Many industries, including the practice of law, have codes of “professional conduct” that outline the things practitioners should and shouldn’t do. When you take a principled stand at work, whether due to your professional, ethical obligations or your personal convictions, there could be a professional risk to you if that stand works against the financial interests of your employer. And, sometimes, that blowback from your employer can be worse if you are of the “wrong” gender, race, ethnicity, religion, sexual orientation or gender identity. If that happens, you may have a potentially winning Law Against Discrimination case, so you should reach out to an experienced New Jersey workplace discrimination attorney right away.
L.P., who was recently successful in defeating a defense request for summary judgment, allegedly was one of those people. She had a job as a senior vice president and “general counsel” (which typically means the #1 in-house attorney) for an Atlantic City casino and resort. According to her lawsuit, the attorney, in the course of doing her job duties, came across some problematic paperwork. The casino’s audit committee allegedly had prepared a report that was to be submitted to the state’s Division for Gaming Enforcement that, the attorney believed, contained factual inaccuracies, according to a Courier-Post report.
Concerned about the potential ramifications of submitting a document with false information to the state regulatory body that governs casinos, the attorney contacted the casino’s CEO. The CEO suggested that the attorney write alternate language that would correct the factual errors, then present that language to the casino’s audit committee, according to the Courier-Post.
The attorney did as instructed and presented her recommended re-wording to the committee. The committee did not accept her recommendations.
Four days after that meeting with the committee, the attorney was unemployed. The casino allegedly told the attorney at the time of her termination that she should have spoken “less harshly” and in a “softer” manner when addressing the audit committee, which was 100% composed of male members, according to the report.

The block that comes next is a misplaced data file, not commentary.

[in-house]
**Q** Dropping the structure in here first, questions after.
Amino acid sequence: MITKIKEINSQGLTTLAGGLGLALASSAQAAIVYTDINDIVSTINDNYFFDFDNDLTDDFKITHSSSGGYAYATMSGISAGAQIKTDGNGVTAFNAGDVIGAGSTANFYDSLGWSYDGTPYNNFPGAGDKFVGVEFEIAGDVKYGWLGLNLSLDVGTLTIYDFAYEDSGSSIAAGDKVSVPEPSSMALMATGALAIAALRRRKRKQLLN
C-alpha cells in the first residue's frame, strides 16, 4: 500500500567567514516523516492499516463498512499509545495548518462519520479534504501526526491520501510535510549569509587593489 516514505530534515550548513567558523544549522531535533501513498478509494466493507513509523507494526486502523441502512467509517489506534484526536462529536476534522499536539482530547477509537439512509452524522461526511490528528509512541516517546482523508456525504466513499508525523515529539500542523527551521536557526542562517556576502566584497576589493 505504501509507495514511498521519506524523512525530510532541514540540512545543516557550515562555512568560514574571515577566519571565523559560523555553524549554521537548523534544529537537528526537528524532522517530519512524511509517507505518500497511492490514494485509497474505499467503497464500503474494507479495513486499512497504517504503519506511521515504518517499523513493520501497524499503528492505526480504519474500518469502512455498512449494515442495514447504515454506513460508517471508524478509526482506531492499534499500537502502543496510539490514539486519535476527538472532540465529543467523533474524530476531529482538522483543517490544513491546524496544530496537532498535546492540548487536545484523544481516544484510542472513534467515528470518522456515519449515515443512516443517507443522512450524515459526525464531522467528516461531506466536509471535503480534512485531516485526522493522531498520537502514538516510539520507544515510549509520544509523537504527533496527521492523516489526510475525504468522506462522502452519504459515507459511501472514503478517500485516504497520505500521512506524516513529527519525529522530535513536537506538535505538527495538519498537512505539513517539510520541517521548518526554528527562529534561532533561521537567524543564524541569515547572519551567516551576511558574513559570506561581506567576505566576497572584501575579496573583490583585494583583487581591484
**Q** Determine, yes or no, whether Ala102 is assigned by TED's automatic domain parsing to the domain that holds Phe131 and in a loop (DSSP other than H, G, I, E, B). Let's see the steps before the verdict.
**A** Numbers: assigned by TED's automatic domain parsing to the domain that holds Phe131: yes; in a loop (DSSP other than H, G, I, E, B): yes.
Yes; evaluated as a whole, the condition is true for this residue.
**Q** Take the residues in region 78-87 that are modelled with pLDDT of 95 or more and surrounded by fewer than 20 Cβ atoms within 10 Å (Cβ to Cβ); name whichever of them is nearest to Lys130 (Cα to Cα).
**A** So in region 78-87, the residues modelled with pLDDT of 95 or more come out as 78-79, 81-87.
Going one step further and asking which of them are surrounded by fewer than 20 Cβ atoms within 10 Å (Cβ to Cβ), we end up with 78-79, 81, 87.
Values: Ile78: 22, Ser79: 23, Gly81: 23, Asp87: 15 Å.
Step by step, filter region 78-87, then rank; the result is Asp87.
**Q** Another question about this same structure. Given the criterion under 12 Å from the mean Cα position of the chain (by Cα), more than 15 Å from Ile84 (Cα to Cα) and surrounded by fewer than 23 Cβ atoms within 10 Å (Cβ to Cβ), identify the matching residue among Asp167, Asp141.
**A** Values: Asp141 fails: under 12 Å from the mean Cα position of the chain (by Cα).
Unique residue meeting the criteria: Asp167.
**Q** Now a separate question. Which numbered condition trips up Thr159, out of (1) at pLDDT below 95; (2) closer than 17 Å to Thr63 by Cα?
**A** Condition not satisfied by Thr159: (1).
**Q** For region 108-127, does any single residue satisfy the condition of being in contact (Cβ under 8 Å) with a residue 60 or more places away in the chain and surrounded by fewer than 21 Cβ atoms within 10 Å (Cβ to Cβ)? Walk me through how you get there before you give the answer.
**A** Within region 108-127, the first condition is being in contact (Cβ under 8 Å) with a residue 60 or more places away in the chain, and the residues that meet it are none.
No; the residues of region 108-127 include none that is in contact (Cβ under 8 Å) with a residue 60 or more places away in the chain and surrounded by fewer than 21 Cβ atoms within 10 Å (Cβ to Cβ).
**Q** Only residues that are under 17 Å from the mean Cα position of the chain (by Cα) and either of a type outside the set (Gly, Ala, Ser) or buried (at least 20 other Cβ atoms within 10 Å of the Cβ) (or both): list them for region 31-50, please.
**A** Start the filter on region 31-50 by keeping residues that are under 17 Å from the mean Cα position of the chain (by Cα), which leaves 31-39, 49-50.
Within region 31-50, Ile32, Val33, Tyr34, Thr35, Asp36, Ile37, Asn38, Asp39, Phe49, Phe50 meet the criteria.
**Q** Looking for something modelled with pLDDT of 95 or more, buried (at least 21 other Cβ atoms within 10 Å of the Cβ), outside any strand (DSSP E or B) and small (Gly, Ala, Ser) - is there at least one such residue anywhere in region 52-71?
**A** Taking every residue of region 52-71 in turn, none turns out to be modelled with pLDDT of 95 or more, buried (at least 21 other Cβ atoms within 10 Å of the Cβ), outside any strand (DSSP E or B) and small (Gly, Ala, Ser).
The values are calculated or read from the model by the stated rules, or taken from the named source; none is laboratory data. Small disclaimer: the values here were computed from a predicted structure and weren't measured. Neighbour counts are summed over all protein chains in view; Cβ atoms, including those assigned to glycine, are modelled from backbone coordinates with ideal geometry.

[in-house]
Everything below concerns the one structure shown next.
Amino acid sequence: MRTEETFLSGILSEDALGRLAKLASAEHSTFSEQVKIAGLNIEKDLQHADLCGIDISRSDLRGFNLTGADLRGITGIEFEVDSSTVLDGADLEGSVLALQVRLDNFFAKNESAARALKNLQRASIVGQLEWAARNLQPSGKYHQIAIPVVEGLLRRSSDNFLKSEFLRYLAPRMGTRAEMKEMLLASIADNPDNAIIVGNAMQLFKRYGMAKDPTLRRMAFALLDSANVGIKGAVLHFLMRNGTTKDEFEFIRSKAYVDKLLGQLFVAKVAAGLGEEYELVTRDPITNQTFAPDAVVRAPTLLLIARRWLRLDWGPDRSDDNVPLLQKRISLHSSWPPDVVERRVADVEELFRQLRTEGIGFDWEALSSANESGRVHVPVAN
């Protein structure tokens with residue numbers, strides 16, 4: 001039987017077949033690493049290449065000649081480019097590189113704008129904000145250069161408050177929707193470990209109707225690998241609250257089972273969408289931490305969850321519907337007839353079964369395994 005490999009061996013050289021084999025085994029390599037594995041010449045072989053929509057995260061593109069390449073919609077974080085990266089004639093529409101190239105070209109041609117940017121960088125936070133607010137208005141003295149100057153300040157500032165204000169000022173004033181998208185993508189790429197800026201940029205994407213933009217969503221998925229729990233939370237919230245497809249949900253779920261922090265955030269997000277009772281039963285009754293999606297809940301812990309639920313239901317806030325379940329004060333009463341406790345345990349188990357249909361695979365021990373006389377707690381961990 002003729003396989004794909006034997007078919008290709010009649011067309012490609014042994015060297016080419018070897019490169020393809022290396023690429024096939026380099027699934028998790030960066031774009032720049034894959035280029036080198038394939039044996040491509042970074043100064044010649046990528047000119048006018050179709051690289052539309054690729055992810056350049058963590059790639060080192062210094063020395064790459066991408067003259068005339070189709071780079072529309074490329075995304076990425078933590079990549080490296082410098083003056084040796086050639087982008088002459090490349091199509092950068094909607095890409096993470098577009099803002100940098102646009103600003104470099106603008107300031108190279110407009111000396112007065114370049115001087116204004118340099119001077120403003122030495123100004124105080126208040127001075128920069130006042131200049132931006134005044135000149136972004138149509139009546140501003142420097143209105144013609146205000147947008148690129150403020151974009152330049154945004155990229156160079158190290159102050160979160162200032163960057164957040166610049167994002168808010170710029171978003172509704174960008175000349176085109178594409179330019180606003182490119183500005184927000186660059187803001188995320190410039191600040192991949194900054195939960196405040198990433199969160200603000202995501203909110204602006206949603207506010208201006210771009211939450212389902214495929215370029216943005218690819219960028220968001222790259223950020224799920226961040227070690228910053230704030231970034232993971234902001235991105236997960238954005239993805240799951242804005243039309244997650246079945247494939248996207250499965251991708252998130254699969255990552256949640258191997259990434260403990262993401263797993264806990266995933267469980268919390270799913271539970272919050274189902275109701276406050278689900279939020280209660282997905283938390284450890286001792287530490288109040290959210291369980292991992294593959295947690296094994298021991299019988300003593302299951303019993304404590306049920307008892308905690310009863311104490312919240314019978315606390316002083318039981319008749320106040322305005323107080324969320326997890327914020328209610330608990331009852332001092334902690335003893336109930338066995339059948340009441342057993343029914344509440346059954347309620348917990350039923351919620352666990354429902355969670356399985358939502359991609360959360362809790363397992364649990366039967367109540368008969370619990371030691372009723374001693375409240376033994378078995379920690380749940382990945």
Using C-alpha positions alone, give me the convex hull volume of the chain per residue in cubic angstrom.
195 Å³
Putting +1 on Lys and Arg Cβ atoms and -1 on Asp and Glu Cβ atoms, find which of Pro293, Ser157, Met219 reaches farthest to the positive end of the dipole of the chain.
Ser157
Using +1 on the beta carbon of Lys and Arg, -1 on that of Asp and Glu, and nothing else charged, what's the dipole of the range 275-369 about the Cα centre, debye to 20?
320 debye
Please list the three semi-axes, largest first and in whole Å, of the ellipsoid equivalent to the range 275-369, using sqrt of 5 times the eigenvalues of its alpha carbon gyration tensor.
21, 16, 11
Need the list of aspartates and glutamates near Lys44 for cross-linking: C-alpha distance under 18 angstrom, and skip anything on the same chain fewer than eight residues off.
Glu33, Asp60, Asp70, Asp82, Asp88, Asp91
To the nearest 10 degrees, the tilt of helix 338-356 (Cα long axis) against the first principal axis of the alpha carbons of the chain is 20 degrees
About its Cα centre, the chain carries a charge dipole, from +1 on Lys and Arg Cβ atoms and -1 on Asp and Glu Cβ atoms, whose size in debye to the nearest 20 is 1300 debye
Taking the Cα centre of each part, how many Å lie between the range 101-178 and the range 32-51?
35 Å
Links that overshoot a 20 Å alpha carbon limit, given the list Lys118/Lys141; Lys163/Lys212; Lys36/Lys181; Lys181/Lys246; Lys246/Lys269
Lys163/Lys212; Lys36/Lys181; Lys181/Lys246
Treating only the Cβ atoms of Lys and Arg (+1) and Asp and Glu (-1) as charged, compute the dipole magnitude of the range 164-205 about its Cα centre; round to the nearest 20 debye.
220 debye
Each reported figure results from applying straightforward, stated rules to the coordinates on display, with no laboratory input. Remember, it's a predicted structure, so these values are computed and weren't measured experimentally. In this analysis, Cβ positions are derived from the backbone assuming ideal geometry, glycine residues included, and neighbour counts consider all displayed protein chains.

The attorney could have decided to “go along to get along” and let the casino file the allegedly inaccurate paperwork with the gaming authorities. That arguably would have helped the casino by possibly minimizing the chances of any extra regulatory scrutiny from the division. She didn’t… and she lost her job.
What’s more, she allegedly didn’t lose her job just because she stood up in opposition to the false documentation. According to the lawsuit, she lost her job because the way she went about standing up was inappropriate for a woman. The attorney’s lawsuit, in which she named the casino’s corporate owner, two of the audit committee members and others, alleged that the employer told her she should have spoken to the all-male audit committee “softer” and “less harshly.”
One might be hard-pressed to imagine a male senior executive-level employee being fired, or disciplined at all, because he spoke “loudly” or “harshly” in a business meeting, especially one covering the subject matter the attorney’s meeting with the committee covered. That comment, according to the attorney, reflected that the casino treated her in a way that was different than the way the employer would have treated her if she were a man.
With the Superior Court having recently rejected the defense motion for summary judgment in their favor, that means the attorney’s case will keep proceeding toward trial.
If you’ve been disciplined – or fired – from your job because you did not conform to some preconceived notion of gender-appropriate behavior, then you may have suffered illegal sex discrimination. Talk to the knowledgeable workplace discrimination attorneys at Phillips & Associates to learn more about your case, what possible pathways forward exist for you and how we can help you get where you want to be. Contact us online or at (609) 436-9087 today to set up a free and confidential consultation.